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10.06.2015

More Crimean Tatars to be prosecuted over meeting with Mustafa Dzhemiliev

   

The Investigative Committee in Russian-occupied Crimea is planning to prosecute three more Crimean Tatars on dubious charges connected with the peaceful protest on May 3 2014 against Russia’s ban on 71-year-old veteran Crimean Tatar leader Mustafa Dzhemiliev entering his homeland.  

According to the Investigative Committee’s website, the investigation was carried out by the department for investigating particularly important cases, with the three men accused of offences under Article 318 § 2 (applying violence dangerous for health against an official while the latter was carrying out his or her duties). 

The investigators assert that on May 3, 2014, the accused men used force against and injured Berkut special force officers on the road near the Armyansk border crossing (Turetsky Val).  Their cases have been passed to the prosecutor’s office for indictments to be confirmed.

This comes a week after 24-year-old Musa Abkerimov received a four-year suspended sentence on identical charges.  The prosecutor’s office claimed that he had “admitted guilt and repented”. 

There were no reports at the time of police officers being injured, with the first mention of such criminal proceedings coming some six months later and cited as the reason for armed searches of Crimean Tatar homes and mosques, arrests and detentions.  Despite the lack of any justification for the charges, there was surprise at the relatively ‘lenient’ sentence passed on Abkerimov when a real term of up to 10 years imprisonment had been possible.  It seems possible that the three other men have not ‘cooperated’ with the investigators and could face longer sentences.

As reported, on May 3 2014, the Mejlis or Crimean Tatar representative assembly cancelled the traditional Spring festival after Russian officials refused to let Mustafa Dzhemiliev board the plane from Moscow to Simferopol and forced him to return to Kyiv.   A scrappy piece of paper informing of Russia’s ban had been handed to him two weeks earlier and then denied by the Kremlin and the leaders it installed in Crimea.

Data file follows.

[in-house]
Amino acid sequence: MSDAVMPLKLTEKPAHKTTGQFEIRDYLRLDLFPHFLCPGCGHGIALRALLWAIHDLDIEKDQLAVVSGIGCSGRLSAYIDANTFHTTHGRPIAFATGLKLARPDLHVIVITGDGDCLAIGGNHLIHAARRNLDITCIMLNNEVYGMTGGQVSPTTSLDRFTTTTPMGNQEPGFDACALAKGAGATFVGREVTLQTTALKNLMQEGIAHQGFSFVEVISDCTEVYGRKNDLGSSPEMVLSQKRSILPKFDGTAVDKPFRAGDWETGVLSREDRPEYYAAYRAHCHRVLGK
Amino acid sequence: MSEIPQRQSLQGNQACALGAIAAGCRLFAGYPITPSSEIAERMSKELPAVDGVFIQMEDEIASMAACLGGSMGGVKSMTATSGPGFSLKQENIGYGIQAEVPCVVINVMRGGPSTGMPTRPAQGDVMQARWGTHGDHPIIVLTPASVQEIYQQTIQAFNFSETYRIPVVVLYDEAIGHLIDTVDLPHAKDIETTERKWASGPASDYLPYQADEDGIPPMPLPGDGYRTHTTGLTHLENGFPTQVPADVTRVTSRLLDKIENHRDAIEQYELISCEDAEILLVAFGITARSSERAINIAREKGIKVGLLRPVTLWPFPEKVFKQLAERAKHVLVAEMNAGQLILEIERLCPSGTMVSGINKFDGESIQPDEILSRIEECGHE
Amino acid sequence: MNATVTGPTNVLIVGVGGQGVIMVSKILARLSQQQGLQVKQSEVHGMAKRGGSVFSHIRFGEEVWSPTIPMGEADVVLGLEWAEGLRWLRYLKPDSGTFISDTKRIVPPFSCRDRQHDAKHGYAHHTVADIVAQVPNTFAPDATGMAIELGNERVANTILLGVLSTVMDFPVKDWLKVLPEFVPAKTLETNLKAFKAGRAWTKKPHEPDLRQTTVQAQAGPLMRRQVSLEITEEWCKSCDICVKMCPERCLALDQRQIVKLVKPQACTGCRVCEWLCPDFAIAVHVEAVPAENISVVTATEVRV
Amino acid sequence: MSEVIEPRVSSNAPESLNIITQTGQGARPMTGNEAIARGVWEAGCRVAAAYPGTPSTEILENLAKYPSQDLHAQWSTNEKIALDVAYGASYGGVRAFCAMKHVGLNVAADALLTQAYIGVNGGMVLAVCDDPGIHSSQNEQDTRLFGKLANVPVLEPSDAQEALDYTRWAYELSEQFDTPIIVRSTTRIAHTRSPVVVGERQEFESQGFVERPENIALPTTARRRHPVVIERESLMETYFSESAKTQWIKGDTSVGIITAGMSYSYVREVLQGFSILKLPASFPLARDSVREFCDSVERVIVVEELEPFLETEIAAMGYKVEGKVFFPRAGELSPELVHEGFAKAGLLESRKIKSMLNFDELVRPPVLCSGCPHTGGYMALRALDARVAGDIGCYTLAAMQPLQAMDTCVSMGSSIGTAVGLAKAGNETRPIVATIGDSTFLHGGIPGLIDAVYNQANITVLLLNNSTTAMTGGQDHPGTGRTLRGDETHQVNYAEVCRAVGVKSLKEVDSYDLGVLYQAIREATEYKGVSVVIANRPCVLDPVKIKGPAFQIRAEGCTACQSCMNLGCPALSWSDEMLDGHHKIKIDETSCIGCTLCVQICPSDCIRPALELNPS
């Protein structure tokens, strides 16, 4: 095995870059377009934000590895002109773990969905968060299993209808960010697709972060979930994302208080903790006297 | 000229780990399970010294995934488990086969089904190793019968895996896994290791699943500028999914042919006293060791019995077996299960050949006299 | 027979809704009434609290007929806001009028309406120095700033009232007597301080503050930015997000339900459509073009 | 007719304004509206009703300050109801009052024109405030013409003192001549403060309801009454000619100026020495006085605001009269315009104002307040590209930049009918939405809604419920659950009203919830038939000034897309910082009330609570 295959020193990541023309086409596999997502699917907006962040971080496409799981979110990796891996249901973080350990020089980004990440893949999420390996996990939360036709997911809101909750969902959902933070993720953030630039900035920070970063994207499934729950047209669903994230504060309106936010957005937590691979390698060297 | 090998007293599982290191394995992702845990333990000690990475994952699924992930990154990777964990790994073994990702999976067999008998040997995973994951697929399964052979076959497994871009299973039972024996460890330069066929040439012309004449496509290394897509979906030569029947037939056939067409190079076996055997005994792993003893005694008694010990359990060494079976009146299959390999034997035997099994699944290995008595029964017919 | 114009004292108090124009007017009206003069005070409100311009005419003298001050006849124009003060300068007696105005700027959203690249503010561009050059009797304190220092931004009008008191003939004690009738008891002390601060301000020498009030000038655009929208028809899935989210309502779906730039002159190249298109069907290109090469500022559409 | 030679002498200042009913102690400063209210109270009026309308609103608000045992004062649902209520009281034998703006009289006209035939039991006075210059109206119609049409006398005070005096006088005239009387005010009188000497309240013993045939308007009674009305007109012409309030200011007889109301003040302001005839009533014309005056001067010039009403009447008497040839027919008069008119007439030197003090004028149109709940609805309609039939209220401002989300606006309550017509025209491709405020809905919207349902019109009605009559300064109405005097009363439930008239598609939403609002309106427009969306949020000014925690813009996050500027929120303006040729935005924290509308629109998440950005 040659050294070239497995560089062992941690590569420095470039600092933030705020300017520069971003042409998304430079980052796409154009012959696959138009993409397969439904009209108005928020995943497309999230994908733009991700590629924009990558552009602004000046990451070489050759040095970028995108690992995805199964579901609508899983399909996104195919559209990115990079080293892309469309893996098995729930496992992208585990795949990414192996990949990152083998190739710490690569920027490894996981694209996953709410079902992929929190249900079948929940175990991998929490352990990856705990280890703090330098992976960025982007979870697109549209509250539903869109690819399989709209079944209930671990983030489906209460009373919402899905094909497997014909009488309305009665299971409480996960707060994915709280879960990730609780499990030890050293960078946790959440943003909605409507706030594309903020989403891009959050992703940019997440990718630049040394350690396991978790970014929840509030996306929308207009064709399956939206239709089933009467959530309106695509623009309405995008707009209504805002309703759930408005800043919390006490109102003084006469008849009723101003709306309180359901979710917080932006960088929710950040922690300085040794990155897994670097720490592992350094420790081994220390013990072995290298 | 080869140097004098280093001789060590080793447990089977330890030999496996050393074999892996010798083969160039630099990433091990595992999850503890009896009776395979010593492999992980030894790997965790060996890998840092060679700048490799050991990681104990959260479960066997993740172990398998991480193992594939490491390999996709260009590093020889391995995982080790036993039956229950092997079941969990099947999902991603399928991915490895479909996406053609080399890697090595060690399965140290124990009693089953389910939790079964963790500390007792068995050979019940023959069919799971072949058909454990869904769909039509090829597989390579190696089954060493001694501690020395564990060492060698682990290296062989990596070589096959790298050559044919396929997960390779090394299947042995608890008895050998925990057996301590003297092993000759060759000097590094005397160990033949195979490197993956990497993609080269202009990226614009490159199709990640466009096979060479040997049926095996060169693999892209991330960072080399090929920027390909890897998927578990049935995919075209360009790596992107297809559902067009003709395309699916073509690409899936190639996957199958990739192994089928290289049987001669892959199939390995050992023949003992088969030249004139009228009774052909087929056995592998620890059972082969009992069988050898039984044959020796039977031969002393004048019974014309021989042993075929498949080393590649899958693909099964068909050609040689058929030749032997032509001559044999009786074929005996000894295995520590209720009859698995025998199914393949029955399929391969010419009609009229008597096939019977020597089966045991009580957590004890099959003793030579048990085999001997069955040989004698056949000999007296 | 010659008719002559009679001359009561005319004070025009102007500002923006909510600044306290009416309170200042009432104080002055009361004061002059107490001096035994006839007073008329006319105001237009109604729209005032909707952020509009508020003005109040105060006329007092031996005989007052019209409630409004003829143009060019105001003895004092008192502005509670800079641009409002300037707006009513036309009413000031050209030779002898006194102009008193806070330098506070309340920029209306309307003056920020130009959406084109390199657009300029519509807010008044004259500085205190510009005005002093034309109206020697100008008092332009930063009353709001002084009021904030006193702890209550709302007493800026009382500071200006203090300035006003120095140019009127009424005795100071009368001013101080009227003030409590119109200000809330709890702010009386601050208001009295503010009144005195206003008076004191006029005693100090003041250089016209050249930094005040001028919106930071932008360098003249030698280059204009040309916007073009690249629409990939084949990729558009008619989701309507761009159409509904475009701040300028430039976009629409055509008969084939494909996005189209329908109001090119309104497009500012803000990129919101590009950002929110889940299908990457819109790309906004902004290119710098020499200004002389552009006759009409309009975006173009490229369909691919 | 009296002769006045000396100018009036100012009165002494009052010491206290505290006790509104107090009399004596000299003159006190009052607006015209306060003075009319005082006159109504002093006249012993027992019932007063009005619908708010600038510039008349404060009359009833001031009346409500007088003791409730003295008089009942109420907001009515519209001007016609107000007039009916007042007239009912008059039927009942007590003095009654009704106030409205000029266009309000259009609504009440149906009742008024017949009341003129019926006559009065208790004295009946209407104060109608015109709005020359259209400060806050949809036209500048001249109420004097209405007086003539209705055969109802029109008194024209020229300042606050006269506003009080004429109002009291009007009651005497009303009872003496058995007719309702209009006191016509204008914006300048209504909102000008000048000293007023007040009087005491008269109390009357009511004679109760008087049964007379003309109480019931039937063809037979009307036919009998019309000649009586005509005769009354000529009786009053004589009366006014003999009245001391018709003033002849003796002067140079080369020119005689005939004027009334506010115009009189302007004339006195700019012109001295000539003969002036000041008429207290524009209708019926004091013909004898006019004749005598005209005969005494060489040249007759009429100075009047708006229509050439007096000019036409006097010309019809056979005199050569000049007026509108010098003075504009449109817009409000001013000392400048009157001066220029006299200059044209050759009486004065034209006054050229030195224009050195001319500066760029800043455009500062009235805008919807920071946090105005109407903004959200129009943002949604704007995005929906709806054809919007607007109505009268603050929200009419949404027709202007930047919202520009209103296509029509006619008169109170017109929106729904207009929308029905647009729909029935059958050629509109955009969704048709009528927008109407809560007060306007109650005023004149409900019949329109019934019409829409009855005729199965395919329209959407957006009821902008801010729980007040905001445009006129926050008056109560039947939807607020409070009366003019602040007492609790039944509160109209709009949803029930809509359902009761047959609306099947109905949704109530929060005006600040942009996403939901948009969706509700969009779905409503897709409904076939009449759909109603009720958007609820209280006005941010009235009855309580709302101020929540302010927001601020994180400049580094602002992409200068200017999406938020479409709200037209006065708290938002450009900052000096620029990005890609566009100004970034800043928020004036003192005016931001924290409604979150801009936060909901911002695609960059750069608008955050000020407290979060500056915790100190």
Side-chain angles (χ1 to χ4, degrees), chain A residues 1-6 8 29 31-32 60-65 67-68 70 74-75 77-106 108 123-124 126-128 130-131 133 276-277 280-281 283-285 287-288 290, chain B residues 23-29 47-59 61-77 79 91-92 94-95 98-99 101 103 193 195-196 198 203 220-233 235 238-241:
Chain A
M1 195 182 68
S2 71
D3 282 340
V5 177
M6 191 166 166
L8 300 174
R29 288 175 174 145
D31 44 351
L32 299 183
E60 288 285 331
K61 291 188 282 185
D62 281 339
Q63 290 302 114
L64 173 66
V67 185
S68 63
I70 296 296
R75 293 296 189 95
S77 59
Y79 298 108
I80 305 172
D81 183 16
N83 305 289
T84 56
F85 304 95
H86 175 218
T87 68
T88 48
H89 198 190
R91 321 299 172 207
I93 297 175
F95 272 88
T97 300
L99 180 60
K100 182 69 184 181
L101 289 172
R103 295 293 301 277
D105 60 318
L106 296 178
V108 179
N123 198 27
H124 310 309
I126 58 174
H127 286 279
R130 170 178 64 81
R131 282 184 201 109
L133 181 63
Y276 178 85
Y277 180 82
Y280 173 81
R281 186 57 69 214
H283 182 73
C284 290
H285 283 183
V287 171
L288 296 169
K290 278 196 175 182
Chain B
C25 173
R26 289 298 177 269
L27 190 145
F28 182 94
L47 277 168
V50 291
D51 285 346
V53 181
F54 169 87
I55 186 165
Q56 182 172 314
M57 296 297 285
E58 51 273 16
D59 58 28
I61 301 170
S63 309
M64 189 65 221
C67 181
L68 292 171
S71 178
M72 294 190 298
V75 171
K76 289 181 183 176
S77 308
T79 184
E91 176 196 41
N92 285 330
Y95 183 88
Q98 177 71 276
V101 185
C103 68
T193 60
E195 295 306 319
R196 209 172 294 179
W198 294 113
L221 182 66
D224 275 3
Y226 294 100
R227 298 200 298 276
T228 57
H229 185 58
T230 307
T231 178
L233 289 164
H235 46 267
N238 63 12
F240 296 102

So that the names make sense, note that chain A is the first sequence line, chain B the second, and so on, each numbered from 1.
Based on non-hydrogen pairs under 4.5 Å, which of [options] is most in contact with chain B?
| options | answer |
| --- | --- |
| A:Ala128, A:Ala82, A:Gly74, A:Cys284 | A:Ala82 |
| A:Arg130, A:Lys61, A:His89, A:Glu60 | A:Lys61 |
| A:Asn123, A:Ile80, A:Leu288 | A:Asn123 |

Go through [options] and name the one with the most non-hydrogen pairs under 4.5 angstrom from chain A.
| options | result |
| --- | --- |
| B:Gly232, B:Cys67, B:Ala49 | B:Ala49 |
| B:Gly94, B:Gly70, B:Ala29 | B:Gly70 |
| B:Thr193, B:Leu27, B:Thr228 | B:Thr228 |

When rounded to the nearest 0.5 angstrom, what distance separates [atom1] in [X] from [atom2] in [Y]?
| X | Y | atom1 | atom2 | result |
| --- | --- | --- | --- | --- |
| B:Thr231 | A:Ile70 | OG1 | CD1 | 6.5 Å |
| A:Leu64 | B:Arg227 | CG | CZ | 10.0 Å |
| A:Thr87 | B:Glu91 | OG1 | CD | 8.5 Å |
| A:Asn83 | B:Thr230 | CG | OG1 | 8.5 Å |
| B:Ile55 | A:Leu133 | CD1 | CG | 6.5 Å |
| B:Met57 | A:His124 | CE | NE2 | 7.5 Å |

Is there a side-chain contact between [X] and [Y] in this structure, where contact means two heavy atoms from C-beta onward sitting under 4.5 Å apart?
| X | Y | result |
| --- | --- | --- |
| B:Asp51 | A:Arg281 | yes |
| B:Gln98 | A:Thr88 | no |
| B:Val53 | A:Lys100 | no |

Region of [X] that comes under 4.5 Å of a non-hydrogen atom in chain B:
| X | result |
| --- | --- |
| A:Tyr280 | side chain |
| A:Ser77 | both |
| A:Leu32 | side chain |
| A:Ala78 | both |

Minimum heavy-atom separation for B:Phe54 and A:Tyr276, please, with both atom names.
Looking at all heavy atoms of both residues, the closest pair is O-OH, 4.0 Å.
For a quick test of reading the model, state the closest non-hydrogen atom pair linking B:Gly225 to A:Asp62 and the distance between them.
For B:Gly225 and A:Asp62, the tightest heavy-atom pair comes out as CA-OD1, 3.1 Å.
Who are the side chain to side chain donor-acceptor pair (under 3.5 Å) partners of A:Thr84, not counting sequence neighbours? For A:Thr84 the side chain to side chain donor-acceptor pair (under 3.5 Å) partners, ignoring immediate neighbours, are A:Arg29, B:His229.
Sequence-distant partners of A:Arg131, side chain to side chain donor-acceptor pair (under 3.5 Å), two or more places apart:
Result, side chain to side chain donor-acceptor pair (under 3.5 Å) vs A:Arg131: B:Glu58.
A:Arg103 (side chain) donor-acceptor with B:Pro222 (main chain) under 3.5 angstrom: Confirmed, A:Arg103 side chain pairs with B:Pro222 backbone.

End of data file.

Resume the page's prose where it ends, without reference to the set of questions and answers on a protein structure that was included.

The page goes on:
The Mejlis called on Crimean Tatars to come to the Armyansk crossing to meet Mustafa Dzhemiliev and escort him into Crimea. 

They were confronted by Russian OMON riot police and Crimean ‘police’, including, apparently, ‘Berkut’ special units.

It was decided that Dzhemiliev would return to Kyiv in order to avert bloodshed.  The only actual ‘offences’ reported at the time were that roads were blocked. Dzhemiliev recently said that the Crimean prosecutor had also accused people of illegally crossing the border, and pointed out that according to both Ukrainian and international law the said border is an administrative border between parts of Ukraine.

The following day Poklonskaya sent two reports to the Russian Investigative Committee and FSB “for the organization of criminal prosecution in connection with unlawful public protests” by Crimean Tatars in Armyansk.   She also issued Refat Chubarov, head of the Mejlis, or representative assembly of the Crimean Tatars with a warning that the Mejlis could be dissolved, claiming that the protest was “action of an extremist nature”. 

A Crimean Human Rights Field Mission spokesperson reported that around 200 people had been fined between 10 and 40 thousand roubles on administrative charges (an ‘unauthorized rally’ and ‘not obeying the police’). 

The arrests began six months later, in October over supposed violence against police officers – none of which had been reported at the time.  All men were initially remanded in custody for two months.  The men arrested included Crimean Tatar activist Tair Smedlyaev who was stopped while driving with his two sons, one of whom was only three and a half, and taken into custody.  The judge was reported to have based the detention order on the prosecution’s claim that 60 people had asserted that Smedlyaev was an ‘extremist’. 

It remains to be seen who the other three defendants will be in these highly questionable cases, which human rights groups consider to represent the Crimean version of the Moscow ‘Bolotnaya Square’ prosecutions aimed at crushing protest against Vladimir Putin’s regime.

Halya Coynash

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